My slightly-better-than-anecdotal feeling is that the amount of academic knowledge that is actually learned is very low. I base that on what my (biological) kids said, and what my students said. “You can’t expect me to remember that. We did that two months ago.” Like I had tried to tell him that water wasn’t wet. Also my experience that you couldn’t expect students to know what had been done a unit or two back.
True story: I’m teaching Honors Physics and we’ve come to resolving vectors into horizontal and vertical components. It requires basic trigonometry (sines, cosines, and tangents). I’m telling students how to do it, they look puzzled, and one student says, “We never did this.” The rest of the class agrees: they never did sines, cosines, and tangents. So on the fly I do an “introduction to trig” and when I get home do up a handout with definitions and diagram and justification and a number of problems. After school the next day, the previous year’s Honors Geometry teacher comes into my room. “If anybody tells you they didn’t do trig, tell them to come down to my room and I’ll take five points off their final grade.” And he slaps down on the desk eight basic trig worksheets, all of which they had done the previous year. Now I don’t know if they totally forgot doing trig at all or if they had just forgotten the substance and wanted a review/reteach. But few of them were ready to do vector resolution. From then on, I made sure to begin vector resolution with a substantial review/reteach.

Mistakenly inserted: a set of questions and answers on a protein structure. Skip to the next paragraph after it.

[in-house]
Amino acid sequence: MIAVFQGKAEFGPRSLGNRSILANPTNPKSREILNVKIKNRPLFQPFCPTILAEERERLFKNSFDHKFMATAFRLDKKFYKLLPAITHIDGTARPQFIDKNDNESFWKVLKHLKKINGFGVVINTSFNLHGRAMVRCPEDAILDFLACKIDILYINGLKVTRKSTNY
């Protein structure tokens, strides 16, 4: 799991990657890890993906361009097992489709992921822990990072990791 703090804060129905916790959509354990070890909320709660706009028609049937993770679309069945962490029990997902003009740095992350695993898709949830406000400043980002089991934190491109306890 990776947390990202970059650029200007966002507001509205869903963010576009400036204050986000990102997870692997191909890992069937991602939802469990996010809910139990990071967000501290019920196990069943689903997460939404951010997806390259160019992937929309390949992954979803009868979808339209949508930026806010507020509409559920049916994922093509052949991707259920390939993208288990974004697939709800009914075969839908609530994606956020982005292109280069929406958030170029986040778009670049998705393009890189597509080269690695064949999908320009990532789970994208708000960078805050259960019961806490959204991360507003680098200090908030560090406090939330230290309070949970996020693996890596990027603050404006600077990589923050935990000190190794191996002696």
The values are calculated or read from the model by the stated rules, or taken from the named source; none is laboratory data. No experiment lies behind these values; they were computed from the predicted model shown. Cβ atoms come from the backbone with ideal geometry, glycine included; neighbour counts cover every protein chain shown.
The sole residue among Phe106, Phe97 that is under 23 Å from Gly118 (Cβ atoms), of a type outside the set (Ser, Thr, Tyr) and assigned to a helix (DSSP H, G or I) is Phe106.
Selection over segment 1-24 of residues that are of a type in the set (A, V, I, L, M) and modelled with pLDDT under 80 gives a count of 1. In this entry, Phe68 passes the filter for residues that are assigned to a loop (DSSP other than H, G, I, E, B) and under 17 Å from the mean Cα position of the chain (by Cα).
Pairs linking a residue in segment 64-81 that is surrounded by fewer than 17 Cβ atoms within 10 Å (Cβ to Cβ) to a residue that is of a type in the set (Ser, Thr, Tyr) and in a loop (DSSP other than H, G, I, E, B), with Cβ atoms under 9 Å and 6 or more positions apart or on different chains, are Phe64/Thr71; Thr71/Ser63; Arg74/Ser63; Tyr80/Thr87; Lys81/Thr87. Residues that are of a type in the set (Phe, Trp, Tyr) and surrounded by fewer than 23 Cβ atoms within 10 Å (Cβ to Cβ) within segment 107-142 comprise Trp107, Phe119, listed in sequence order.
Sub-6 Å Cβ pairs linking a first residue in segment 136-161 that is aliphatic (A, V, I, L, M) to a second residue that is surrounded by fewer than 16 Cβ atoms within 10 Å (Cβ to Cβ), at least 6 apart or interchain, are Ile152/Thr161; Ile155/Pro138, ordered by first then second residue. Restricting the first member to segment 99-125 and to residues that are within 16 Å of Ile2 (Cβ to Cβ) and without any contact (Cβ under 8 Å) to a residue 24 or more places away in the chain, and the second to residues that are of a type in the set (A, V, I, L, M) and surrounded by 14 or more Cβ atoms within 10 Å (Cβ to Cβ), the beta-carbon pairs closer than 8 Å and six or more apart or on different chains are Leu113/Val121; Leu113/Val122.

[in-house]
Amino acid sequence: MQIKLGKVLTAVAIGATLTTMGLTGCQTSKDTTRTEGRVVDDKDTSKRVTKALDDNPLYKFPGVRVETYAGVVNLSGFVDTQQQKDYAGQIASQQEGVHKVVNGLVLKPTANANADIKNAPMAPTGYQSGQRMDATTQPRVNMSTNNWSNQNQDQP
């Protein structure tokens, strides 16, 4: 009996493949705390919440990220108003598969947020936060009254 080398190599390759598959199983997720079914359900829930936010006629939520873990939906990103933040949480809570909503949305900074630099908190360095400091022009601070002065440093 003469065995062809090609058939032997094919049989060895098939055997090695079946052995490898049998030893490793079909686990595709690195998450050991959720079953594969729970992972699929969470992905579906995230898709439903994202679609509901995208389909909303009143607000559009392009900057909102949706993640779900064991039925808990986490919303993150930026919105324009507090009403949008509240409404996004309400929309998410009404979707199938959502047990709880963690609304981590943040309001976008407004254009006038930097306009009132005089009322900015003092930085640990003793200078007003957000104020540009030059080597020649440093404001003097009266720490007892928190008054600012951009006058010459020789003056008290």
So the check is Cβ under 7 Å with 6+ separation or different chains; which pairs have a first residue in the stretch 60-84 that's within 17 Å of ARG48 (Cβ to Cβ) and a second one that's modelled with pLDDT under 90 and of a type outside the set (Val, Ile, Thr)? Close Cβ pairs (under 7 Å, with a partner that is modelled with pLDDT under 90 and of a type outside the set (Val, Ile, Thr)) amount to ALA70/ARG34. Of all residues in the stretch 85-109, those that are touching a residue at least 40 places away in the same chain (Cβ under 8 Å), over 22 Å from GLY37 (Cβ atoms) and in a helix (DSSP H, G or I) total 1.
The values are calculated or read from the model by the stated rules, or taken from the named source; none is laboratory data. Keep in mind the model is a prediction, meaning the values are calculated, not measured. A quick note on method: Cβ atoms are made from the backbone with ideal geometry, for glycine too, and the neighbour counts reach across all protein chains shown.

But maybe the fact that young people don’t learn much in the way of academics isn’t actually a problem. After all, one of Caplan’s points is that very little academics is used after graduating (unless you’re a writer or academic or something similar). Maybe much of the human capital they develop (or talent they signal) is willingness to put up with, and even put some effort into, things they aren’t interested in, maybe even don’t like — and do what has to be done to pass. To mimic you, that sounds like a lot of jobs.